You may not have extensive industry knowledge, especially if you’re a fresh graduate or are switching careers. It’s your credentials that will qualify you for a position, and hiring managers understand that you will have to spend some time on the job before you become a seasoned hand.
Speed up your acquisition of knowledge by seeking out mentorship, attending conferences and workshops, and making diligent observations. Depending on your field, you may be able to learn a lot off the job as well, whether via the internet, real-life classes, or hands-on practice at home.
4. Workflow management
Even if you don’t have formal experience with project management, you’ve been doing it since you were assigned homework for the first time. You had to keep track of tasks and project deadlines in school, then manage a schedule and monitor your finances throughout your adult life. Working life is no different, except you get paid to do it!
If you don’t have a clear idea of what strategies work for you, now is the time to figure it out. Explore different project management software (such as Todoist and Microsoft To Do) and find which works for you. If you struggle with organization, try practicing by organizing other aspects of your life. This may even lead to developing habits that increase your productivity.
Keep in mind that workflows differ from company to company, so it will be important to learn the system your new employer uses. Ask for documents that outline team hierarchies and communication plans. This will allow you to merge your organizational preferences with the system in place from day one.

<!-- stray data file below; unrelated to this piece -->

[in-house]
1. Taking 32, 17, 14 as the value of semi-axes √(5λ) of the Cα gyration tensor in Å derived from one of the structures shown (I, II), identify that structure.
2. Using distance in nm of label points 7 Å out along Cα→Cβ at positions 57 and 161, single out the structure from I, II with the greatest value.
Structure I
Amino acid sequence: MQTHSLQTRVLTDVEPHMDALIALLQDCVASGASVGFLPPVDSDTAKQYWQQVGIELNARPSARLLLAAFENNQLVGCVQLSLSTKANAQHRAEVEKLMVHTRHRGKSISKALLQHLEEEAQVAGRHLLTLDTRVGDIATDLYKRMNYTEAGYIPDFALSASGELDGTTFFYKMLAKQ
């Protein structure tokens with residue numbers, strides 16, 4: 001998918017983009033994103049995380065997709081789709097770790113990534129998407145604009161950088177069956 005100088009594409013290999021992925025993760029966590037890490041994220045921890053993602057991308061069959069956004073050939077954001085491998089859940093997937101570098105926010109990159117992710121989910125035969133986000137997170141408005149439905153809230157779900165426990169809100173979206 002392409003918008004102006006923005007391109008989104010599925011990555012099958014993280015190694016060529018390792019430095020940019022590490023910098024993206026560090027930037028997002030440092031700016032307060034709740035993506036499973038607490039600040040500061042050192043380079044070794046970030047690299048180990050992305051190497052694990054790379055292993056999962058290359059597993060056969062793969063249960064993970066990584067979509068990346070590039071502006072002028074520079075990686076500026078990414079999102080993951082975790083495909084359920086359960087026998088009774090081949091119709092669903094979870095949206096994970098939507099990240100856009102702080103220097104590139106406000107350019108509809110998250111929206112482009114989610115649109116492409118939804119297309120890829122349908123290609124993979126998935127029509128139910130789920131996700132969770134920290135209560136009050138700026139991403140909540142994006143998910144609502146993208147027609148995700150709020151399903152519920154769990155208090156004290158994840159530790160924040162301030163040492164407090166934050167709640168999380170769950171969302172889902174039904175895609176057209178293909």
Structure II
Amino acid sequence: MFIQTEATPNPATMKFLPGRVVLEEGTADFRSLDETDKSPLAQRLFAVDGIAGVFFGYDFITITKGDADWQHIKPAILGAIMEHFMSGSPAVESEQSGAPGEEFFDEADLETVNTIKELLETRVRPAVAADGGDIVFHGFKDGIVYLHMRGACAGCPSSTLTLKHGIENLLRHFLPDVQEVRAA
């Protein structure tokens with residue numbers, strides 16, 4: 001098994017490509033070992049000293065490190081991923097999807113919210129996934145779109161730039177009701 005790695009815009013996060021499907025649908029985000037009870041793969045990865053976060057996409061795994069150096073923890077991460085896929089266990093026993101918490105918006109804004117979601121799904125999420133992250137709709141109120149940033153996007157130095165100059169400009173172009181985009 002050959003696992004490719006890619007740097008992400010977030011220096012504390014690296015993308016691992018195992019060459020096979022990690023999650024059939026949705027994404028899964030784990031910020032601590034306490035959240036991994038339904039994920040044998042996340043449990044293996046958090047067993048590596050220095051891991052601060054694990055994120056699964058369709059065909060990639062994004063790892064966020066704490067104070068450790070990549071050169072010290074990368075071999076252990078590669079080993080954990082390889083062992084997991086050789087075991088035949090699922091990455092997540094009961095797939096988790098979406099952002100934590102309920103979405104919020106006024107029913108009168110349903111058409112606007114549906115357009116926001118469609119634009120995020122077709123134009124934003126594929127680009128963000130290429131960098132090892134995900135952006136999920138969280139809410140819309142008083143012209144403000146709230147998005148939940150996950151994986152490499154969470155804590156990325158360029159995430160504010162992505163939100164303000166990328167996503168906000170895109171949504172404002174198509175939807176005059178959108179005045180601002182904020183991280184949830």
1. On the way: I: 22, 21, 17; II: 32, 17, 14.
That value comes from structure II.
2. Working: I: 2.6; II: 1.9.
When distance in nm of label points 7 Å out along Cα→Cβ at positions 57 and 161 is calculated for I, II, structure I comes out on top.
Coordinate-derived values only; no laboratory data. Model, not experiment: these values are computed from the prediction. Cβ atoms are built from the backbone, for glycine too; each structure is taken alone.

5. Working with clients
Regardless of your role, you should spend some time thinking about your approach to client services. Even if you aren’t in a customer-facing position, thinking of your boss as your client can be helpful as you settle in. Observe how senior employees interact with clients and try to replicate their behavior. To improve your client-facing competencies, try working on your soft skills—many of them will make you more adept at customer service.
Other ways to build skills on the job
You’ve probably noticed a theme in this article: be a good observer, ask for help, and pursue company- and industry-specific education. Seeking out mentorship, optional training opportunities, and feedback from colleagues and supervisors is the best way you can learn the on-the-job skills you’ll need to be successful in your new position. Be open to new opportunities and information, stay curious, and always be on the lookout for ways to improve your skills.
As you look through job postings, divide the requirements into “must-haves” and “can-learns.” If you meet the “must-haves,” apply for the job! Having a polished resume that highlights your soft skills and initiative can give you a leg up, especially if you’re fresh out of college or new to the field. Hire an expert to rewrite your resume so you can be sure that you’re submitting the best application you possibly can!